Grade: A+ if they deliver everything; B- if they deliver the same amount they usually do. 

The video on its own gets an F, as if it were made by the coolest, raddest, 14 year old mall ninja on the planet after he finished up with the 2014 Spyderco catalog, because the shot of the Szabo folder parachuting in to the Arctic is just not aggro enough. 


Odds and Ends

Leatherman had one new product and a tweak to an old favorite. The new tool is called the Leap. It is a brightly colored small tool designed for kids. As a Dad, this instantly caught my attention. My son loves borrowing my Leatherman Squirt PS4 (that he got me for my first father's day) and use it to open pistachios, something we love to eat together. I cannot wait for the Leap to come out and even though he is a little young I think I am going to get him one. It includes a pair of pliers, some drivers, a saw, and a removeable sheepsfoot blade. The blade locks and unlocks with a mechanism on the outside of the tool, meaning little fingers never cross the blade path. Its not going to set the world on fire, but I really like the design and the focus on an untapped market. The other new product was an update in color and texture to the beloved (though not by me) Juice.

It was a quiet year, but they had a big year last year, so we'll call it a B overall.

There are some different colored DPx HESTs on the way along with the HEAT, a small blade in the style of the HEST. That's pretty darn exciting. But the really awesome new DPx blade was the HEFT, a 3.5 inch blade flipper.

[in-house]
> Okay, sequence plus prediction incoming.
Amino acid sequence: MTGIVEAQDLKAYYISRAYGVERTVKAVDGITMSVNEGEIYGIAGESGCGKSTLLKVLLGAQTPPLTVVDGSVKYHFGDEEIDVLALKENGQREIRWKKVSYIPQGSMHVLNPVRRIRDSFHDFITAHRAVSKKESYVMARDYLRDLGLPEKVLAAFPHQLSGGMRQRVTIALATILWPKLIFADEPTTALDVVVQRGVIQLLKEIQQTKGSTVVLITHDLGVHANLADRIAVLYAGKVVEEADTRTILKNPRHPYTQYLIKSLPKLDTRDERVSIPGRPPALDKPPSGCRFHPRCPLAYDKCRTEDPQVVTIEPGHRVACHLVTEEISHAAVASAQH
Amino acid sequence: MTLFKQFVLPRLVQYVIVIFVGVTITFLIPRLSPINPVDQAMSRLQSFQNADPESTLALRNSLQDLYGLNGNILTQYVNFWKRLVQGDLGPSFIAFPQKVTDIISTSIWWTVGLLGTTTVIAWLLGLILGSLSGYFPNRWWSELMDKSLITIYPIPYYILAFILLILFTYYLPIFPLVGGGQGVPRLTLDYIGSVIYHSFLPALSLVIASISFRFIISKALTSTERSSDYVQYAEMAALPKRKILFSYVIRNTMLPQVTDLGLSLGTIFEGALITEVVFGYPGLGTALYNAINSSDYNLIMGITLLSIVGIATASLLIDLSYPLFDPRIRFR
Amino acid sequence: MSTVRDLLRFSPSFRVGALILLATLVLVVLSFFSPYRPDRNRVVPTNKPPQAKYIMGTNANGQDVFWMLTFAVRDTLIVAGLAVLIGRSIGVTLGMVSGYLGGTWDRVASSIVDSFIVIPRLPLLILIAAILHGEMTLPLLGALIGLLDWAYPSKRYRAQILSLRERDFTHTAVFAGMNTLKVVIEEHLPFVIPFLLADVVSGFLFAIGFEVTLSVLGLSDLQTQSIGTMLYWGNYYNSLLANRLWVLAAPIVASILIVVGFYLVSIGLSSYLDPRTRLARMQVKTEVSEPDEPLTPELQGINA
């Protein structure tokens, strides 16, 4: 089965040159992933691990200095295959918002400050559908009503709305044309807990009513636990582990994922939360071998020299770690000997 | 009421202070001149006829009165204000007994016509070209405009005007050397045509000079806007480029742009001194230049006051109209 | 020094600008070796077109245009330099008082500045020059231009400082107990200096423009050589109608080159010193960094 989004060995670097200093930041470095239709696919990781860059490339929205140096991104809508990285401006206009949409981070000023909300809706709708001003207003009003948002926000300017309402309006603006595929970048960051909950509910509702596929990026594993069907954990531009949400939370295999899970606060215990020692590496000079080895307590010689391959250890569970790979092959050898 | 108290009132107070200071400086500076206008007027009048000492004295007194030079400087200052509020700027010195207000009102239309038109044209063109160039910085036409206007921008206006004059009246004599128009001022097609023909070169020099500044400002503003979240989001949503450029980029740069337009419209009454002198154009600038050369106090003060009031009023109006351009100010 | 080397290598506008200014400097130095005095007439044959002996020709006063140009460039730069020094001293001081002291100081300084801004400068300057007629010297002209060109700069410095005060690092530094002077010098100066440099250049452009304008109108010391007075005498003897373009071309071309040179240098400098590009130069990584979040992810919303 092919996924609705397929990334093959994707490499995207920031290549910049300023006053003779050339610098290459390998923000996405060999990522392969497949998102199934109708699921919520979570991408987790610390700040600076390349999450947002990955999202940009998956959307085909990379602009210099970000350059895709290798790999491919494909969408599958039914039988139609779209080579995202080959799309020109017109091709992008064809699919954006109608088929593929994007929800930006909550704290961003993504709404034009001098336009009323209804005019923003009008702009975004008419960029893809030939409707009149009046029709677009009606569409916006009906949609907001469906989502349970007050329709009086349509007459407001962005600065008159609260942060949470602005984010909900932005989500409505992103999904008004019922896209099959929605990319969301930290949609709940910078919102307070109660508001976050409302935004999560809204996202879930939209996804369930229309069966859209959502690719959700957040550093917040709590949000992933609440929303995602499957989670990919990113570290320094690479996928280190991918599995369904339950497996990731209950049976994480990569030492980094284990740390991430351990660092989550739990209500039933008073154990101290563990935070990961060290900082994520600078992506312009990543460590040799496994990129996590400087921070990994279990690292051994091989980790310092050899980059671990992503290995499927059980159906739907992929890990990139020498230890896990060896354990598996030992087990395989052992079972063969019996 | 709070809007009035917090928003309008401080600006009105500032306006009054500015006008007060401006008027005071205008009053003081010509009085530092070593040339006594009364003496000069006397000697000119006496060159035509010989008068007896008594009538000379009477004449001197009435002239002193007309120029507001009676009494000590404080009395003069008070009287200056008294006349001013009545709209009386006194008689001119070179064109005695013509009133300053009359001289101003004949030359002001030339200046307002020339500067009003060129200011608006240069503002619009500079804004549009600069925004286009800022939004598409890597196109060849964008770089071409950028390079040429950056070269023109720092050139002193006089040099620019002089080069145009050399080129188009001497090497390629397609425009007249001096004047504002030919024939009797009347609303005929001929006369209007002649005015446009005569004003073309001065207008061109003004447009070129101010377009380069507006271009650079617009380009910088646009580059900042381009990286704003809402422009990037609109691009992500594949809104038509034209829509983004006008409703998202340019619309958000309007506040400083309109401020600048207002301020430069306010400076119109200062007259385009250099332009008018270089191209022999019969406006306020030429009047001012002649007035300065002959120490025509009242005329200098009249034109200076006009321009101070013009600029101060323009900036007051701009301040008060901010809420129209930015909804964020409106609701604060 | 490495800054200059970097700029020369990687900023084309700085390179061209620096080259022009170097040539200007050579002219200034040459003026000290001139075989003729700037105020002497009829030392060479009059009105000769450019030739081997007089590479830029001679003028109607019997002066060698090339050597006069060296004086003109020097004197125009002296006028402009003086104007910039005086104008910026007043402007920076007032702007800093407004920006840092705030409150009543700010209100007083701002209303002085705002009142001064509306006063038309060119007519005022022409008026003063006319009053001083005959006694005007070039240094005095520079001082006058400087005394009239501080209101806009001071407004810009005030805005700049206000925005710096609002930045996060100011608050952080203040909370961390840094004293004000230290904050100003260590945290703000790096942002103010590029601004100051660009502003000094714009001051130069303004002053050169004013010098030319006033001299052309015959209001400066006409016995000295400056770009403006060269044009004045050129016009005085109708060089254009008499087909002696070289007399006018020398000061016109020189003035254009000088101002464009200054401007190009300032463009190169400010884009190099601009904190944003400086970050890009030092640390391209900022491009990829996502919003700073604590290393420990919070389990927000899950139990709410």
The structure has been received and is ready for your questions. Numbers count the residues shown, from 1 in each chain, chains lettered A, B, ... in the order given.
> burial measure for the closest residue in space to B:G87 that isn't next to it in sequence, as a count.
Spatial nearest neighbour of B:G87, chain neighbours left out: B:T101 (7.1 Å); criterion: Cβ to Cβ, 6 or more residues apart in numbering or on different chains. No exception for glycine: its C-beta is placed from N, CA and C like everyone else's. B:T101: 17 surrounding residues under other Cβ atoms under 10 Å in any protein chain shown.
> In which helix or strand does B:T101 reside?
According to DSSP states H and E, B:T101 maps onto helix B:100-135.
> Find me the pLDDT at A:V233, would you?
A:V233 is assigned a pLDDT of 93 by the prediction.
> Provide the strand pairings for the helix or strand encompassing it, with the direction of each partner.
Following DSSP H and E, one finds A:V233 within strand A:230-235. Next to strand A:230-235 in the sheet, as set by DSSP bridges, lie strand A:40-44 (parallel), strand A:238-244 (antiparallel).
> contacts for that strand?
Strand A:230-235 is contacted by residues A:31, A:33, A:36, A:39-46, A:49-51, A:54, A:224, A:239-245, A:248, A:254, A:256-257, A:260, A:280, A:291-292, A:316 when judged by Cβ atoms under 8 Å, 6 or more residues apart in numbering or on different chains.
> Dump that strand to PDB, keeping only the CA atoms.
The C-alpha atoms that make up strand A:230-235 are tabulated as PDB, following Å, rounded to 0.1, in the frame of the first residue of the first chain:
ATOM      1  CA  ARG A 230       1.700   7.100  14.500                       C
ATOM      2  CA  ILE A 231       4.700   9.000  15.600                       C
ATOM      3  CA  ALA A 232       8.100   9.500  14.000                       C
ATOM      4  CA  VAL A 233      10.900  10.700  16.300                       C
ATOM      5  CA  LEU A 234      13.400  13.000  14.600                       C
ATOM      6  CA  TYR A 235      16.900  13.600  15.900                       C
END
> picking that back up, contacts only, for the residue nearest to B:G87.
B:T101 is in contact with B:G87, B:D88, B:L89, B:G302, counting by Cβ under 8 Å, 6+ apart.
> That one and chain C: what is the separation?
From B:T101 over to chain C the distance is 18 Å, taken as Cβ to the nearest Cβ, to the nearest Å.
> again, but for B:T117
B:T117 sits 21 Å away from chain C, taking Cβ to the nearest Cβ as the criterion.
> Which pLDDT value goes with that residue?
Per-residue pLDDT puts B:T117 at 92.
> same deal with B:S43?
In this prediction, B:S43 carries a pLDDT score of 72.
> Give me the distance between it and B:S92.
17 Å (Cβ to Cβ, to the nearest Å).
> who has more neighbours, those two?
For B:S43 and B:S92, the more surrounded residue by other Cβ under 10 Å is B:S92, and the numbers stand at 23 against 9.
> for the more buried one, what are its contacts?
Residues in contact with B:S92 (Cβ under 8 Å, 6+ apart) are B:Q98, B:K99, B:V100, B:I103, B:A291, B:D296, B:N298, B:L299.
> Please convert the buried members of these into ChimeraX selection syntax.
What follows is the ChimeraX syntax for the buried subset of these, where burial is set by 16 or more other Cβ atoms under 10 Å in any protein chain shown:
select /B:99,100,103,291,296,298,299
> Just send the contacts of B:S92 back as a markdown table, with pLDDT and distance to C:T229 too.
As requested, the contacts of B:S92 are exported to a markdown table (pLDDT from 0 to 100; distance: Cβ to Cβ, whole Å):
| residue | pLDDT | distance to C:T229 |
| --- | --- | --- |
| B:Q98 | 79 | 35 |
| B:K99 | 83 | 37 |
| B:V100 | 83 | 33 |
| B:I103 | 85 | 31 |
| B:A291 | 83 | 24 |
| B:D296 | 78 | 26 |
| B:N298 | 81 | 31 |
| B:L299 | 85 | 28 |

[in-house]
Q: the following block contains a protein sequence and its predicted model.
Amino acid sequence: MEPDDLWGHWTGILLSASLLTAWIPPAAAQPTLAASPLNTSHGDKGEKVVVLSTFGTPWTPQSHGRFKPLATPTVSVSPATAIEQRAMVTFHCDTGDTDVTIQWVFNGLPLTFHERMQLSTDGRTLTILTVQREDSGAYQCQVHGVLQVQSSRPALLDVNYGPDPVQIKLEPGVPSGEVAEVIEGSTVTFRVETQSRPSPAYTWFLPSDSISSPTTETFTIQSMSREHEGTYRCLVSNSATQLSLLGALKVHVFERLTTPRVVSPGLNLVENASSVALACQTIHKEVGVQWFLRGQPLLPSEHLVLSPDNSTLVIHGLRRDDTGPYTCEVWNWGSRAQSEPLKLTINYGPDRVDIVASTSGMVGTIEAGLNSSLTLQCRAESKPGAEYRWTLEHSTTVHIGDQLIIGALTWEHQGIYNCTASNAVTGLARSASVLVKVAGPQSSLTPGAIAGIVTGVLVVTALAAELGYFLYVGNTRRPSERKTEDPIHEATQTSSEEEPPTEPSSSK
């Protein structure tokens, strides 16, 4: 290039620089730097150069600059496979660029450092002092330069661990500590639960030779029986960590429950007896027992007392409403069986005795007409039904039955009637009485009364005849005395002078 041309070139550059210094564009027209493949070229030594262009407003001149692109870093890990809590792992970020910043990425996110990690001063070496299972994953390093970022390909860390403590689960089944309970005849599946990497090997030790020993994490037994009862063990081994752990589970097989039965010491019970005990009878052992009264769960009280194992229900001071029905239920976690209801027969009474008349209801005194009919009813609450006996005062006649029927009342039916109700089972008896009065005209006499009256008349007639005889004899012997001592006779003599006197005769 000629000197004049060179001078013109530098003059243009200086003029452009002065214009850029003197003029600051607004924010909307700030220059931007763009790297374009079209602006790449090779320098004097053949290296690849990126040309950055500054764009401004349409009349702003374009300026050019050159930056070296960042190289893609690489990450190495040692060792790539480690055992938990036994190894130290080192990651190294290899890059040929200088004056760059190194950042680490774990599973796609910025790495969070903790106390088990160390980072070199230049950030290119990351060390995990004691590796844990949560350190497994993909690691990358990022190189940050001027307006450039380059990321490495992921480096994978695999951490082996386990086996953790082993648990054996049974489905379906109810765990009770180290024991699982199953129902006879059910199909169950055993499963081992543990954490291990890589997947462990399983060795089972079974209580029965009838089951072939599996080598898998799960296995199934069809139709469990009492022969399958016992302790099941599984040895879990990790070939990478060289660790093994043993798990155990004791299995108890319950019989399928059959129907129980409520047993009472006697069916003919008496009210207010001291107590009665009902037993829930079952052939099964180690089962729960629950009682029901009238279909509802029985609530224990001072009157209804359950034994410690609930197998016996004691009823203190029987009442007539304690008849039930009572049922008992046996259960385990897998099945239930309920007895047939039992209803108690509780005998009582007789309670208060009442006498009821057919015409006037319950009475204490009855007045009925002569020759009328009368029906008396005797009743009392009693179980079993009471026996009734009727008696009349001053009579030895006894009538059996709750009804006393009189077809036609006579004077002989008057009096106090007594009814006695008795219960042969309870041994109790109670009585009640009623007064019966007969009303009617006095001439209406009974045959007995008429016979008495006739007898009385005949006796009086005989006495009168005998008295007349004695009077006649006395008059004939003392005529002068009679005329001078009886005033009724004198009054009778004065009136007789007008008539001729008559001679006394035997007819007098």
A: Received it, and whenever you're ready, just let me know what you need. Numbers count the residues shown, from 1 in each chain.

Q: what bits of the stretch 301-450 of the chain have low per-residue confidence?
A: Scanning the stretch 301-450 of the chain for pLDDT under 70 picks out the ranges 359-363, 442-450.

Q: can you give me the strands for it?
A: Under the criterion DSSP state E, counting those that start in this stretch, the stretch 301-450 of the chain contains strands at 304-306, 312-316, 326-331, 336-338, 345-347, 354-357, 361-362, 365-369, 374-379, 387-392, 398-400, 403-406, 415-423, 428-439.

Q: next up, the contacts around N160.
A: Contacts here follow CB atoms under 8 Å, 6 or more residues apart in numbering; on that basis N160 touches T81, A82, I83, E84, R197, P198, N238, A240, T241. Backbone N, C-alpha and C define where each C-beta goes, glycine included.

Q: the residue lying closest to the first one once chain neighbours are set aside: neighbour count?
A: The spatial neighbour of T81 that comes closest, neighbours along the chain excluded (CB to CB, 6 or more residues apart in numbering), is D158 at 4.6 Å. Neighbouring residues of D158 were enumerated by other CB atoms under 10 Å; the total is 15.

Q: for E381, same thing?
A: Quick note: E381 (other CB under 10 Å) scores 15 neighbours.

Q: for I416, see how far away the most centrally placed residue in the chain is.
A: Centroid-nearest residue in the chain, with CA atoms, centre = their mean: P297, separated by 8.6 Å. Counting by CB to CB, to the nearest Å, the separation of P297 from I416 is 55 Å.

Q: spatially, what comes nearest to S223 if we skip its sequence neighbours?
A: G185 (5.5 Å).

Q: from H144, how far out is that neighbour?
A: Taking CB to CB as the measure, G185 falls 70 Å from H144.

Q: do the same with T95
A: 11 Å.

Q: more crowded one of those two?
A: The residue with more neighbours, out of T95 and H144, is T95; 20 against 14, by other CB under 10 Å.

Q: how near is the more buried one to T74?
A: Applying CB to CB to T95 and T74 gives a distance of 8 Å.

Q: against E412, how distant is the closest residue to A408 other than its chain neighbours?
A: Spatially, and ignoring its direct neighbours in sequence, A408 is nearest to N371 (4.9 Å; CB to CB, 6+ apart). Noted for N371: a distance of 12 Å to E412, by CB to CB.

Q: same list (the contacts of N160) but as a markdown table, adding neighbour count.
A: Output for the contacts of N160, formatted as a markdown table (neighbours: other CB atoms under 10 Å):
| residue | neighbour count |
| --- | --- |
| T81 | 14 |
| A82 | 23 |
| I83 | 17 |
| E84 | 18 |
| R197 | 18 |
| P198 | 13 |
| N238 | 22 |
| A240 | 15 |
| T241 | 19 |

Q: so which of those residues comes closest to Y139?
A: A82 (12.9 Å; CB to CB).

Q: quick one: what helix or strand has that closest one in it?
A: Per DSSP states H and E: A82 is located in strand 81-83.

Flippers are everywhere and a DPx knife with a flipper sounds really appealing. I loved the shape of the HEST, but not the deployment (other than the wave thingy, I am being vague on purpose).

DPx gets an A, two new great looking designs from such a small company is a big deal.

Cold Steel's offerings were simply atrocious this year.  They showed off one folder, one, and it is not even that impressive.  The Magnum Warcraft Tanto is nice, but I would have much rather seen a Warcraft Drop Point instead.  The rest of their line up is a smattering of random stuff, including neon green gun training tools, along with a heaping helping of swords. Maybe swords sell.  Maybe Lynn Thompson needs an excuse to go slaughter some blue jeans stuffed with beef.  Whatever it is, I just don't get it.  There simply can't be a huge market for pole arms, right?  This is, in all likelihood, worse because the last two years have been so good.  They were my favorite gear company in 2012 and did quite well in 2013, but this year is just full of head scratching product releases.  How many swords can you really sell to SCA folks?  Literally nothing appeals to me here.